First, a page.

“2006 profits are in large part due to a year that has been absent of major catastrophe losses and only offset less than stellar returns achieved in previous years,” Staranczak said. “Despite, the financial health of the industry as a whole, it’s important to note that these figures are for all lines of business – from auto to workers compensation – in all parts of the country.”
Marc Racicot, president of the American Insurance Association (AIA) also responded to the Consumer Federation of America (CFA) study.
“Insurance is a business based on risk, and any risky business proposition must have a relatively high rate of return for investors from time to time, or the investors will take their capital elsewhere, and that business will cease to exist,” noted Racicot. “Fortunately for all Americans, the property-casualty industry had a much better year financially in 2006 than in 2005 or 2004, when we saw record losses from natural disasters. Last year was a fortunate anomaly given that in virtually every year over the past two decades, insurers lost money on their core business operations. In fact, the U.S. property-casualty industry as a whole has had only two underwriting gains at year’s end during the past 27 years. After record losses in 2004 and 2005, the respite provided by 2006 has meant that insurers could replenish the capital that they must have on hand in order to stand behind the policies they sell. Healthy balance sheets better prepare insurers to face future catastrophes, and greatly benefit consumers.”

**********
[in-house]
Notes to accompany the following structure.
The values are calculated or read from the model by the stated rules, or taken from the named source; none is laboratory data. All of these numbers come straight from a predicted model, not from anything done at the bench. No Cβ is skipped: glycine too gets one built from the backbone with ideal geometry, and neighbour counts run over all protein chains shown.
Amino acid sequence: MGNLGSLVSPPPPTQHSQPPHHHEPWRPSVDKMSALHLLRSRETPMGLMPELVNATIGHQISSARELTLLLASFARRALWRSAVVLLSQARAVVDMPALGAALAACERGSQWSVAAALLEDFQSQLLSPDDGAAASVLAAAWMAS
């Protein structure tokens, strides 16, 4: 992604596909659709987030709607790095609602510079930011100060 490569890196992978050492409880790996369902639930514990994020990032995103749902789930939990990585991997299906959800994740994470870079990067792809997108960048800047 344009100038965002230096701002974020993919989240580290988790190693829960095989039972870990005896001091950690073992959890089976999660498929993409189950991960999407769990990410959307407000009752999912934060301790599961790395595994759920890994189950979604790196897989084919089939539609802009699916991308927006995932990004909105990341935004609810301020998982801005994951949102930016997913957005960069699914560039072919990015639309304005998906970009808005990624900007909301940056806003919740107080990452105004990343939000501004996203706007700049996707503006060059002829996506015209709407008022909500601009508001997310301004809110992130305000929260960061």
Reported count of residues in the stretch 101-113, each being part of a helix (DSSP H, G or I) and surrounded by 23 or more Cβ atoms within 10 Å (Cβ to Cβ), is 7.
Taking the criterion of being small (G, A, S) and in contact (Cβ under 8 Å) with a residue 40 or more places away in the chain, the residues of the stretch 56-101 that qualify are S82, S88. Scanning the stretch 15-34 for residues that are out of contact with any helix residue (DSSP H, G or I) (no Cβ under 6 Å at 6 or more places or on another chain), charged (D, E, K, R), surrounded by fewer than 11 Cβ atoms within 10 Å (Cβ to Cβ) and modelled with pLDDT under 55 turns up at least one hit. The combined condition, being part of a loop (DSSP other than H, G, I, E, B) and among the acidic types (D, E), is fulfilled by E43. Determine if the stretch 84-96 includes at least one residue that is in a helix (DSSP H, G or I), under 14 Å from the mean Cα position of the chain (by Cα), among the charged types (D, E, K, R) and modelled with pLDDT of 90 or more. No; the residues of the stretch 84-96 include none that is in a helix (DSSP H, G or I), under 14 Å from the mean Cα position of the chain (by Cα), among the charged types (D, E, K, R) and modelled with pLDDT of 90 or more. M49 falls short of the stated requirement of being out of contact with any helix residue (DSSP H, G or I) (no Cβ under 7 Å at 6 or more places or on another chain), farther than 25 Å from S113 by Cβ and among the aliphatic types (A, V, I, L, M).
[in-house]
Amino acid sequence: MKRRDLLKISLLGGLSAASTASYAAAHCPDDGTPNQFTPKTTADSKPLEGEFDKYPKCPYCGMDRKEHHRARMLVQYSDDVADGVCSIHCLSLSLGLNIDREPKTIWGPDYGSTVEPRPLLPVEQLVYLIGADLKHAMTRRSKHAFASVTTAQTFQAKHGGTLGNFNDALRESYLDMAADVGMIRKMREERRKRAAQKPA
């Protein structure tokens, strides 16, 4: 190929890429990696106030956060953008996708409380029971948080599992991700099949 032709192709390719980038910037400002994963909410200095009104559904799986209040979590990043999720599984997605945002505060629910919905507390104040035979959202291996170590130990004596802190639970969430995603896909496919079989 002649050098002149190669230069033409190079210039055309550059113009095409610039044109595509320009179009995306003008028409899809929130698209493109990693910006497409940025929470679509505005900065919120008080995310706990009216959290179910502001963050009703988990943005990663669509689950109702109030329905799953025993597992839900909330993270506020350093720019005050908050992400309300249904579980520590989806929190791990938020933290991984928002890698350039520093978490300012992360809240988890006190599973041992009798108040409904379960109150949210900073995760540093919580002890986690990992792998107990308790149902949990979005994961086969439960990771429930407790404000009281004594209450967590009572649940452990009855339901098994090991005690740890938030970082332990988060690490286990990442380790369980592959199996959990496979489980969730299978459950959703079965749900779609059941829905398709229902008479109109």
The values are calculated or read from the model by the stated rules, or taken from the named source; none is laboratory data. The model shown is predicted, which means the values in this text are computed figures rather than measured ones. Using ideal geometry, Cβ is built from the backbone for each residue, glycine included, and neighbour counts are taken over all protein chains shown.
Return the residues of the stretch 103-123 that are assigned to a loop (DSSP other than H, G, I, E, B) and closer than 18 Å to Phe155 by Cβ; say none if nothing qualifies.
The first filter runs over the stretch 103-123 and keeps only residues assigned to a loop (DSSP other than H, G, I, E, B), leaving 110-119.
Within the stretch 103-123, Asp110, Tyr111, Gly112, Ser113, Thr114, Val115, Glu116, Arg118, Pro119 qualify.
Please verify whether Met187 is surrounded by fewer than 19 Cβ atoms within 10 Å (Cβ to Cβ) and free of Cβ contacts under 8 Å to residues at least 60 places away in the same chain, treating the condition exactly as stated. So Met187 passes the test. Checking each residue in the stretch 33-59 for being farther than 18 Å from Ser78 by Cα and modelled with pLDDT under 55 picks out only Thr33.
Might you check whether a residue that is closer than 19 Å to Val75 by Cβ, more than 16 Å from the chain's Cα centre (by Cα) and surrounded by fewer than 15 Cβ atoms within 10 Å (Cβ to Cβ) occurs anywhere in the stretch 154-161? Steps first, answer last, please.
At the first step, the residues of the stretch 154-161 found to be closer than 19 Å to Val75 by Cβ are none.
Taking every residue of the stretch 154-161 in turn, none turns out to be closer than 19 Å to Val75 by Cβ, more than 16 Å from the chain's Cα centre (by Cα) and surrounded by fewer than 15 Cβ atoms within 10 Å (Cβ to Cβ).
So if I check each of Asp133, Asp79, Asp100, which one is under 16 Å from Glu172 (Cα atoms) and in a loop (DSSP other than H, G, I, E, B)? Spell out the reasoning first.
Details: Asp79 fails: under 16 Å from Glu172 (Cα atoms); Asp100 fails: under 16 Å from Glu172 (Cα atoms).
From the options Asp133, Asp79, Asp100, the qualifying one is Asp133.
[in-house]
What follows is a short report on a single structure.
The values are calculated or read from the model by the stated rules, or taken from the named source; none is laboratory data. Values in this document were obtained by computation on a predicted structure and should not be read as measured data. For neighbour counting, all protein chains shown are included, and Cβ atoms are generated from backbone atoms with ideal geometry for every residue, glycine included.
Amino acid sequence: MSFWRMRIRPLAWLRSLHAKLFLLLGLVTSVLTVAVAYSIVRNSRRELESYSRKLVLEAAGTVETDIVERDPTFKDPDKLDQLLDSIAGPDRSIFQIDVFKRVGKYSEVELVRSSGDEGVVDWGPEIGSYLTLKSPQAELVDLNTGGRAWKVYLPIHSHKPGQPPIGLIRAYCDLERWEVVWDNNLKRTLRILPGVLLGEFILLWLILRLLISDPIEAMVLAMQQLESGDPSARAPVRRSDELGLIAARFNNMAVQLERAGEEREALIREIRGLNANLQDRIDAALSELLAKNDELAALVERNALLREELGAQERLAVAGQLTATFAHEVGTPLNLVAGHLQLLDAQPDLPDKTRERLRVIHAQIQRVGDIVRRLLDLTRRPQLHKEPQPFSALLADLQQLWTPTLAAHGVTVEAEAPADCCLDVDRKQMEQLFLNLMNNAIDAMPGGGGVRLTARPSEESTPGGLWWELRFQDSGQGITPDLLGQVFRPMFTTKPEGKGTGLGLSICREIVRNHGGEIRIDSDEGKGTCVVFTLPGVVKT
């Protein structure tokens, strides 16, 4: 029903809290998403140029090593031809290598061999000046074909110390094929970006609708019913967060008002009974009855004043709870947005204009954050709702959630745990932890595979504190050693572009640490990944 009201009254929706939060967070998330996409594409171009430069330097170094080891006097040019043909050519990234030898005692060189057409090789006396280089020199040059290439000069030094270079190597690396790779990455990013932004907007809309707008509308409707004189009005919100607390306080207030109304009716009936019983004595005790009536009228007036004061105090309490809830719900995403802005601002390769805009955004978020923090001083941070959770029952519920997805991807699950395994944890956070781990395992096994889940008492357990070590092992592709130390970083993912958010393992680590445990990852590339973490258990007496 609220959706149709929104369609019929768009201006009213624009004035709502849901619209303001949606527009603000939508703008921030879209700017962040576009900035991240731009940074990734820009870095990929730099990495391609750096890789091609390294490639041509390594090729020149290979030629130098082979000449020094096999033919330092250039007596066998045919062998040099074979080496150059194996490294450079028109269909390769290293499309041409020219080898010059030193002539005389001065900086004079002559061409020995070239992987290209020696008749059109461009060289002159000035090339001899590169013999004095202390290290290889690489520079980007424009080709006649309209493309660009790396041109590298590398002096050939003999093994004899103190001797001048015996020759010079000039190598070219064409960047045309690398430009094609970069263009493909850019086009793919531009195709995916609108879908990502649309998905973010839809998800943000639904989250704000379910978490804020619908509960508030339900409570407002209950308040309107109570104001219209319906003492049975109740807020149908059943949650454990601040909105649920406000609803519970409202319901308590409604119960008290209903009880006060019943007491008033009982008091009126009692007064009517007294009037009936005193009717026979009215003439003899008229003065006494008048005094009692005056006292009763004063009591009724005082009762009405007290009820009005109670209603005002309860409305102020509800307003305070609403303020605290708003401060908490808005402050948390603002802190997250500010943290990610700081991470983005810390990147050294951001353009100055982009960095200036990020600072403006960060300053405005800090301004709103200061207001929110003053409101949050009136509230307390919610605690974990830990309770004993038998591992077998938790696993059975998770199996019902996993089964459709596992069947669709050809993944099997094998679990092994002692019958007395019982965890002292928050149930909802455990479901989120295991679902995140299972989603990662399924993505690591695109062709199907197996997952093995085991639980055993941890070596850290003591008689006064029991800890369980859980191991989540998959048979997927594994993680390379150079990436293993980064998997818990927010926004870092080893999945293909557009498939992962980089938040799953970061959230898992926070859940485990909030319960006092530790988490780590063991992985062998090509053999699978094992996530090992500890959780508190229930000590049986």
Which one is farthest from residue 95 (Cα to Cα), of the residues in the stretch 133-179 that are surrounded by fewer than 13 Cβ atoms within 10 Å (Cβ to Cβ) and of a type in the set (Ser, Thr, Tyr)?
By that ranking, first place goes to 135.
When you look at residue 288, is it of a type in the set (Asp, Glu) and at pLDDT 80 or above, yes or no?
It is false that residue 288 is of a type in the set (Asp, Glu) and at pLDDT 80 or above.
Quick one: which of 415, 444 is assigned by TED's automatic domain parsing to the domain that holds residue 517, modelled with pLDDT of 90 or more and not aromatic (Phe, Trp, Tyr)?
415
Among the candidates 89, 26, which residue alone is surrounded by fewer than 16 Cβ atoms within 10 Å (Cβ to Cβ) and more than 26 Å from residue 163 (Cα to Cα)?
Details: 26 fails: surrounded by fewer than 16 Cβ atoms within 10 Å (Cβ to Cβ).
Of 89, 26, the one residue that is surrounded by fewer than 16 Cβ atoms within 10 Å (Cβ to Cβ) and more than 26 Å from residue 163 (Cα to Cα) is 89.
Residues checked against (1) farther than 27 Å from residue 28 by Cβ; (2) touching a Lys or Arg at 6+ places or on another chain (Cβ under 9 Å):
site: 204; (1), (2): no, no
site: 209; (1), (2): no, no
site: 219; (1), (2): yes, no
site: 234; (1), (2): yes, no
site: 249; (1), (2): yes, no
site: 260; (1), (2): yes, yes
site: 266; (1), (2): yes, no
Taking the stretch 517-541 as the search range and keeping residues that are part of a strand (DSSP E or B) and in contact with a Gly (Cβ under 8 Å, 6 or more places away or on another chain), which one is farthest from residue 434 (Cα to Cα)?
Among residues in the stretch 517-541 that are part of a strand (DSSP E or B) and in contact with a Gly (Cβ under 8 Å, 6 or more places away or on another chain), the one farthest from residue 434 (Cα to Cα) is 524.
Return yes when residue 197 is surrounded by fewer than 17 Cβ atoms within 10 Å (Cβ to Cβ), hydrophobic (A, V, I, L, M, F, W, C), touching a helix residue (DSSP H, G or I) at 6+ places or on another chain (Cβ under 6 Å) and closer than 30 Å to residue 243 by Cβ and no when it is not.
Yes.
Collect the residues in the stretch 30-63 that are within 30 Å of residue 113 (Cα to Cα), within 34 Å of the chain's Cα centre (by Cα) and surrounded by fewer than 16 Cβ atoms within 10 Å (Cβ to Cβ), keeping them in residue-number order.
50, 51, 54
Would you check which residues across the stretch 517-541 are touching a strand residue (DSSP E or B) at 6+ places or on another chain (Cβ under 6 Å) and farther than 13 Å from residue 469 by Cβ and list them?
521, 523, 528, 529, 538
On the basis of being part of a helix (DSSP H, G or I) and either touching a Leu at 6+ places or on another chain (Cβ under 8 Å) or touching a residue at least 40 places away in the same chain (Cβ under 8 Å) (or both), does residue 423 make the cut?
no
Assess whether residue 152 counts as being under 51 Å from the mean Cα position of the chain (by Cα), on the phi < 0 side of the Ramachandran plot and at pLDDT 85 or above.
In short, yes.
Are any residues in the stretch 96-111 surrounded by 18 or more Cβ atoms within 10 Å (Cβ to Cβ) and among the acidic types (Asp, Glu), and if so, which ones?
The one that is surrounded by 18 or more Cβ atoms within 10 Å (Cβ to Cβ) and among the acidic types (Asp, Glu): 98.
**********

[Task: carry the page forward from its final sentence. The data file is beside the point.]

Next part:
Racicot also noted that, in fact, prices for auto insurance and other types of property-casualty insurance are falling around the country, with the major exception being coastal property insurance. “This makes sense, given that insurance rates are set according to the risk of loss in each state,” Racicot said. “Because insurance rates in each state must reflect the actual and expected loss experience within that one state, each line of insurance – such as homeowners – must stand on its own in terms of profitability.”
CFA countered saying that many insurers are sharply increasing premiums for homeowner’s and commercial insurance and reducing or eliminating coverage for tens of thousands of Americans in coastal areas of the country. Insurers are also urging Congress to continue taxpayer subsidies for terrorism losses and to create a federal catastrophe insurance program that could also involve taxpayer support.
Terrorism Insurance Racicot refuted CFA comments about industry public policy positions related to terrorism and natural catastrophe risks.
“Unfortunately, CFA simply refuses to understand that terrorism risk today essentially is equivalent to war risk, making it wholly uninsurable by the private sector alone. A public-private partnership is needed to deal with terrorism losses that could be virtually infinite in scope, particularly if an attack involves chemical, nuclear, biological or radiological weapons,” Racicot stated. “There is broad, bipartisan agreement on Capitol Hill, and broad consensus among policyholders, that a long-term national terrorism insurance program is critical to the ongoing economic security of this country.”